In the early 90’s, personal computers had yet to become the everyday household items that we know them as now. As such, it’s quite likely that the first time a fair number of people ever held a mouse in 1992 was when they got their hands on the Super NES Mouse.

Originally bundled with Mario Paint (and eventually sold on its own and in further bundles in regions outside of North America), the Super NES Mouse is almost quaintly antiquated by the standards of mice used on PCs today. Cast in the same gray and purple plastics as the Super Nintendo Entertainment System itself, the Super NES Mouse featured two buttons and ball that would roll along smooth surfaces (such as the included plastic mouse pad) to direct the on-screen cursor.

As Mario Paint would demonstrate, the Super NES Mouse would help bridge the gap between the styles of gameplay typically seen on the personal computer and the home console scene. In addition to its base use in allowing more accuracy in artistic programs, the Super NES Mouse saw a surprising amount of support among other titles, though often as a supplementary option, rather than the primary input method. For instance, the first-person sections of Jurassic Park would allow players to use either a regular controller or the Mouse to control their movements.

Ports of PC titles such as Doom and Sid Meier’s Civilization further bridged this connection, allowing Super NES users to play the games in a way that was more authentic to the experience as originally designed. Furthermore, several titles designed with the Super Scope light gun (light bazooka?) peripheral would also allow the Super NES Mouse to be used, such as Tin Star and T2: The Arcade Game.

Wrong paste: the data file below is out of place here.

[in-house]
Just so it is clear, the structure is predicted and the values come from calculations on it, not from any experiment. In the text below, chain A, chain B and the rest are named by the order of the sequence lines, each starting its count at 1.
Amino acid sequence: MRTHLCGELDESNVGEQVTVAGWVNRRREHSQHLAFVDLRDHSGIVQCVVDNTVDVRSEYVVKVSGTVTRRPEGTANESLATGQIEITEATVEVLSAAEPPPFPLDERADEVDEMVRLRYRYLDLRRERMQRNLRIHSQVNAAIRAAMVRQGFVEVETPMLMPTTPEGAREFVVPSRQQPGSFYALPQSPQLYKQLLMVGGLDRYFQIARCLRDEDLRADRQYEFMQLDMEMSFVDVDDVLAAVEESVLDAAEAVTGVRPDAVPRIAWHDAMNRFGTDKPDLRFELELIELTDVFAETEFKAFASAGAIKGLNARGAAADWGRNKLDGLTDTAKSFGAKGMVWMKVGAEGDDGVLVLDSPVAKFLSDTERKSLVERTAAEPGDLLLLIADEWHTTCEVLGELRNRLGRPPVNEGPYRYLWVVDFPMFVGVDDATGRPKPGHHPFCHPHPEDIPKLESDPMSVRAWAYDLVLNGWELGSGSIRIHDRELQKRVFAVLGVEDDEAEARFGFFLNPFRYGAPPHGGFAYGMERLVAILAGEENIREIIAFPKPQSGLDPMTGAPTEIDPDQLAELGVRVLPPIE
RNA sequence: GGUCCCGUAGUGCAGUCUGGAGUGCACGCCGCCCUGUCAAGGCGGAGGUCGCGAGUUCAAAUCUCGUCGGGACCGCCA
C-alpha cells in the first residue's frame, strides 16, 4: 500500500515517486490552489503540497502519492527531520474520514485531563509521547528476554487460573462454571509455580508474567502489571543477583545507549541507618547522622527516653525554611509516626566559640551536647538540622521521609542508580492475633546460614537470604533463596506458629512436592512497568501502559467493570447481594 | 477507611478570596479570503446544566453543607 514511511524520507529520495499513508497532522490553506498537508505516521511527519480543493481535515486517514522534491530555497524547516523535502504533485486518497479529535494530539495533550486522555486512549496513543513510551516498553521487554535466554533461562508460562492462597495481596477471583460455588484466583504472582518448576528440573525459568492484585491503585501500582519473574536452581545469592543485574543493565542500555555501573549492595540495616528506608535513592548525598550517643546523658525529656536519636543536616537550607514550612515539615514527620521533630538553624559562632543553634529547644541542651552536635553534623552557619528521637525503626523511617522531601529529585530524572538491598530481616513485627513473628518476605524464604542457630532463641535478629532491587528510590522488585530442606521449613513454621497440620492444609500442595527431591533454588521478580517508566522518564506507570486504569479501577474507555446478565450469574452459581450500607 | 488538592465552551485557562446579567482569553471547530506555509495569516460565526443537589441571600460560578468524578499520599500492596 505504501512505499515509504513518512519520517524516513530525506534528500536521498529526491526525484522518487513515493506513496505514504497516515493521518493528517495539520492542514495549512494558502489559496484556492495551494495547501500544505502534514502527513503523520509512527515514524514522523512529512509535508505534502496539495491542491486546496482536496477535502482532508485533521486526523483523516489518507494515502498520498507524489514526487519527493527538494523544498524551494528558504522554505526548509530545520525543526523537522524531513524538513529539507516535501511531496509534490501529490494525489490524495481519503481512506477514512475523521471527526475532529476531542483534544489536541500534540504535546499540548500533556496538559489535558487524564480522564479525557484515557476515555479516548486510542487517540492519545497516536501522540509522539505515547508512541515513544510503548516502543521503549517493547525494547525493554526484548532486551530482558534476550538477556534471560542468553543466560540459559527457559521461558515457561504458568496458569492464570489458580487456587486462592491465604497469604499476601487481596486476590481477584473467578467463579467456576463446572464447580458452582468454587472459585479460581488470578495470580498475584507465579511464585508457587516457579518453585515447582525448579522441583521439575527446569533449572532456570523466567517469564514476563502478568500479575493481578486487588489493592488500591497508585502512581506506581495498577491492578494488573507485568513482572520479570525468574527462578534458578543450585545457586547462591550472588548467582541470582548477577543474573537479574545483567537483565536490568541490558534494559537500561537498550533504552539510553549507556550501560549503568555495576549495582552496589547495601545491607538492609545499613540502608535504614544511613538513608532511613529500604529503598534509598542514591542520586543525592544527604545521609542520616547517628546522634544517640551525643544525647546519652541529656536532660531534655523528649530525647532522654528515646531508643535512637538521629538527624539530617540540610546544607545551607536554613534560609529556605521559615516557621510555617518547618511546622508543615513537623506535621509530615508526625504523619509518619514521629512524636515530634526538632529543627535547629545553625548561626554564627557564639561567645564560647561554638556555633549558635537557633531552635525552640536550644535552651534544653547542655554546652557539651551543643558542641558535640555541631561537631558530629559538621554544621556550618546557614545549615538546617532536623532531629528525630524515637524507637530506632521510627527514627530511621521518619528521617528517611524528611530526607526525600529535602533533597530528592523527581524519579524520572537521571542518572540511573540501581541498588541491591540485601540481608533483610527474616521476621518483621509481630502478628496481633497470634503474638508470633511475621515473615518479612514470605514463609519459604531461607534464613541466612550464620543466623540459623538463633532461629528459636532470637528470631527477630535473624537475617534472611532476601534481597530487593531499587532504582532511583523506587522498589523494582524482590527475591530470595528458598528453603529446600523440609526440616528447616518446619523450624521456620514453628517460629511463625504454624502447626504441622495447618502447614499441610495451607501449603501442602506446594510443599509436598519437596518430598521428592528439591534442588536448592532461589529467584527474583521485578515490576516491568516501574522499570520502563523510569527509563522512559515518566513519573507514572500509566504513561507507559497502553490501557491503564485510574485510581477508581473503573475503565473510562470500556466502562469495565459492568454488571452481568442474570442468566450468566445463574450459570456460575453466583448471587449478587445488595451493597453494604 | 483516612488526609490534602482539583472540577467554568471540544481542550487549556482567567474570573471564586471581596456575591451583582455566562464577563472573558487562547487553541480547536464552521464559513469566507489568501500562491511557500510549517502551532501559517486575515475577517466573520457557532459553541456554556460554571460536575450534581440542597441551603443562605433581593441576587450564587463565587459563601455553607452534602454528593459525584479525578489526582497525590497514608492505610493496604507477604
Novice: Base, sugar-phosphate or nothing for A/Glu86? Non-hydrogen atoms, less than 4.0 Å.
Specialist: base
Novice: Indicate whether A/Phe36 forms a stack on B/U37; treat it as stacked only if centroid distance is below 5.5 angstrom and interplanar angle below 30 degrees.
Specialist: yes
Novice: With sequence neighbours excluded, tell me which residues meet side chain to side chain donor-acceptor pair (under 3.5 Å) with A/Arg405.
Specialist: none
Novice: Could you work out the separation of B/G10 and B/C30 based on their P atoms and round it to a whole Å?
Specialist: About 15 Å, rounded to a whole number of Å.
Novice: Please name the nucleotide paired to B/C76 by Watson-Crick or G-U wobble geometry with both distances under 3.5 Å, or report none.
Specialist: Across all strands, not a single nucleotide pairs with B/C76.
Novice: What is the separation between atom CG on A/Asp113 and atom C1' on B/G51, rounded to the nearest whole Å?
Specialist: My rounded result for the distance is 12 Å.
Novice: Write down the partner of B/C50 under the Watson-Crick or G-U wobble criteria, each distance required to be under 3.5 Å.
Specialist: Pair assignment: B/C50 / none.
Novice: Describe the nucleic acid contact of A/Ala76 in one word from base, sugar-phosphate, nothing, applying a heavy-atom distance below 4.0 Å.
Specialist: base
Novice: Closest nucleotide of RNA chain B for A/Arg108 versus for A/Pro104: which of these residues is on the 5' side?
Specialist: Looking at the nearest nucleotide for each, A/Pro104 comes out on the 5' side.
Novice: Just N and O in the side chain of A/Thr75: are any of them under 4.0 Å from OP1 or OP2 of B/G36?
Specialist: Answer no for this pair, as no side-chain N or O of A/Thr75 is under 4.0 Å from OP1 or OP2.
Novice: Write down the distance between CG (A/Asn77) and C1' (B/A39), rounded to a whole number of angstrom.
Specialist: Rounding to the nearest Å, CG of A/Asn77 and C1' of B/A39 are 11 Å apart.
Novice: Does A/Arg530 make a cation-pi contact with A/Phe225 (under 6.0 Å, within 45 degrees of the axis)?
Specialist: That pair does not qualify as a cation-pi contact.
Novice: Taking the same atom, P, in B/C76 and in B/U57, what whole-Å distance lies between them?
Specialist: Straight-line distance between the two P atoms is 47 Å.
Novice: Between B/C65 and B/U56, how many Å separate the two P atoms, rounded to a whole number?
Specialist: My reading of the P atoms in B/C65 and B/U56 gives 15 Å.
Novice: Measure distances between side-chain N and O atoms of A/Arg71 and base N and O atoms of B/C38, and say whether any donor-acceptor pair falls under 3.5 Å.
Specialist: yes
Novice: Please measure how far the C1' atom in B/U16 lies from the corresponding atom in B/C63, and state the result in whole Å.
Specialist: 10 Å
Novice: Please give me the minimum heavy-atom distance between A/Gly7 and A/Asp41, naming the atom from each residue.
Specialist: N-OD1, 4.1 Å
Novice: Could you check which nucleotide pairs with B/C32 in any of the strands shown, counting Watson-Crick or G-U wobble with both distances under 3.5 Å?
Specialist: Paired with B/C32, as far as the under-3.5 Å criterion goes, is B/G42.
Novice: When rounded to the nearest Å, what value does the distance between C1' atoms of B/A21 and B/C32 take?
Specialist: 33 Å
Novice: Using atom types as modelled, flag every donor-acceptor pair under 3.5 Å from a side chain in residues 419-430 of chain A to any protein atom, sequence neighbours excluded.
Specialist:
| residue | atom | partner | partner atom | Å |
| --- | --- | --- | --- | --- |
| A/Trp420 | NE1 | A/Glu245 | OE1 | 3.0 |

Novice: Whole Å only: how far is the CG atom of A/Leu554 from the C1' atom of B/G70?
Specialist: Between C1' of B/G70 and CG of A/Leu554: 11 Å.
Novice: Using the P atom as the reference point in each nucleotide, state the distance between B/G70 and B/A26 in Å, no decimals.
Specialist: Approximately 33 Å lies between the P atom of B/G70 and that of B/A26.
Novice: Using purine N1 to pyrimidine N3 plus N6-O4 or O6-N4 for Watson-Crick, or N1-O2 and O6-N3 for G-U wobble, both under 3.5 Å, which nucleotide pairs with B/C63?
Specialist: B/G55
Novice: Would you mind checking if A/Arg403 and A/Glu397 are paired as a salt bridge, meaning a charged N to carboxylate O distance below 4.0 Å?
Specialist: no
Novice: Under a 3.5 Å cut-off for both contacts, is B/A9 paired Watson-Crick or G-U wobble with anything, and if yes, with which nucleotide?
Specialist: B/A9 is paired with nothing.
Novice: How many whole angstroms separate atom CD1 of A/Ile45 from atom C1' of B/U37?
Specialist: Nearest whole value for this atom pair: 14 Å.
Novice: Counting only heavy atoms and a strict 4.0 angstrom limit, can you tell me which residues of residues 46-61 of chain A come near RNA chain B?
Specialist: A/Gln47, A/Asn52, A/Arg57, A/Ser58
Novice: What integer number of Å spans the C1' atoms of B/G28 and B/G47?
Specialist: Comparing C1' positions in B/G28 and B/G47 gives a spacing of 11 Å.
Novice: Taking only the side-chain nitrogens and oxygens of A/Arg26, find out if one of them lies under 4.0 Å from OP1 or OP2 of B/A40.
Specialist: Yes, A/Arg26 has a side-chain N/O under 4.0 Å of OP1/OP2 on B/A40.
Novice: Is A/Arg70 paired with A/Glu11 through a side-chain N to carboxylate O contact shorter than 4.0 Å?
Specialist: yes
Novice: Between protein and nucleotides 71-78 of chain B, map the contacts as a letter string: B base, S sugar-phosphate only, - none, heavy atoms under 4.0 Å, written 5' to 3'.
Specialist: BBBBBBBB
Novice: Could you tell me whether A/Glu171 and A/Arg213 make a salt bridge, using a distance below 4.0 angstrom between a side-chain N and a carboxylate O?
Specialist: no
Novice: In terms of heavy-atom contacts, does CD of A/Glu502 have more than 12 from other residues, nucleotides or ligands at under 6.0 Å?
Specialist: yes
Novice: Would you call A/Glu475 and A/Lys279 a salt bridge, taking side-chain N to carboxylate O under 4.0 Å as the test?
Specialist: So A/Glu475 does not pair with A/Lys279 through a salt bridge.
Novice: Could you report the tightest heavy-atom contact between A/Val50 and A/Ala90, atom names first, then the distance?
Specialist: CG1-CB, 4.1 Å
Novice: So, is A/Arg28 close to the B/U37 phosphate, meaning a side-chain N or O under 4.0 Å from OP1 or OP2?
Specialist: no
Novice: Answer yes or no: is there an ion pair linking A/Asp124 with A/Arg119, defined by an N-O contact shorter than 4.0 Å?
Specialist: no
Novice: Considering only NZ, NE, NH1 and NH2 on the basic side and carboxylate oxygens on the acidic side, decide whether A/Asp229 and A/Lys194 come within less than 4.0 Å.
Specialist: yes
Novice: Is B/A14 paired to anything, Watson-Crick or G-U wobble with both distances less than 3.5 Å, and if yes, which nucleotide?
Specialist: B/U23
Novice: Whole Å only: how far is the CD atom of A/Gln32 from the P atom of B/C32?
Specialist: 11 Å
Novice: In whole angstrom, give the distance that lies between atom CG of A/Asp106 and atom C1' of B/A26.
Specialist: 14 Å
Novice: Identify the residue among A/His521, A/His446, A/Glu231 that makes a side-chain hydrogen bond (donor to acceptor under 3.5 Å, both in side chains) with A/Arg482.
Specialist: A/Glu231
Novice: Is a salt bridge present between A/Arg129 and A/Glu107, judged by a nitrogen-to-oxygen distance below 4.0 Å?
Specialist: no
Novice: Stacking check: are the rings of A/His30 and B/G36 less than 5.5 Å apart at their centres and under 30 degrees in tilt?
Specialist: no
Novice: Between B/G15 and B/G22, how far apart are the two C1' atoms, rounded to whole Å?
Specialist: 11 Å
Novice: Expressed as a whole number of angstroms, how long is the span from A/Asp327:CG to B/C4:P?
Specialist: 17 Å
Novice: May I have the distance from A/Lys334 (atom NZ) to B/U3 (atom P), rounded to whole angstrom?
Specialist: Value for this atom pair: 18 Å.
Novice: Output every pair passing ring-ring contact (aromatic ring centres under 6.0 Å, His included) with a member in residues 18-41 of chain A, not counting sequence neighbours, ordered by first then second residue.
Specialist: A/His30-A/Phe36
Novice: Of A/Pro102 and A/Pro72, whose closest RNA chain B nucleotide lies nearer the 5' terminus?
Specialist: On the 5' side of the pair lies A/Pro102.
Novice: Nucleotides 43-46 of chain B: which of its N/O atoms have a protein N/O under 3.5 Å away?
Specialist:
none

Nintendo would go on to implement a mouse once again with the Nintendo 64’s release of certain titles for the short-lived 64DD add-on before shifting emphasis to touchscreen and motion controls. More recently, Hyperkin has released an updated version of the original Super NES Mouse called the “Hyper Click Retro Style Mouse” that works with the original Super NES console and compatible clones, and features an optical sensor instead of the roller ball of the original.

David Oxford David Oxford (60 Posts)

Lover of fine foods and felines, as well as comics, toys, and... oh yeah, video games. David Oxford has written about the latter for years, including for Nintendo Power, Nintendo Force, Mega Visions, and he even wrote the book on Mega Man!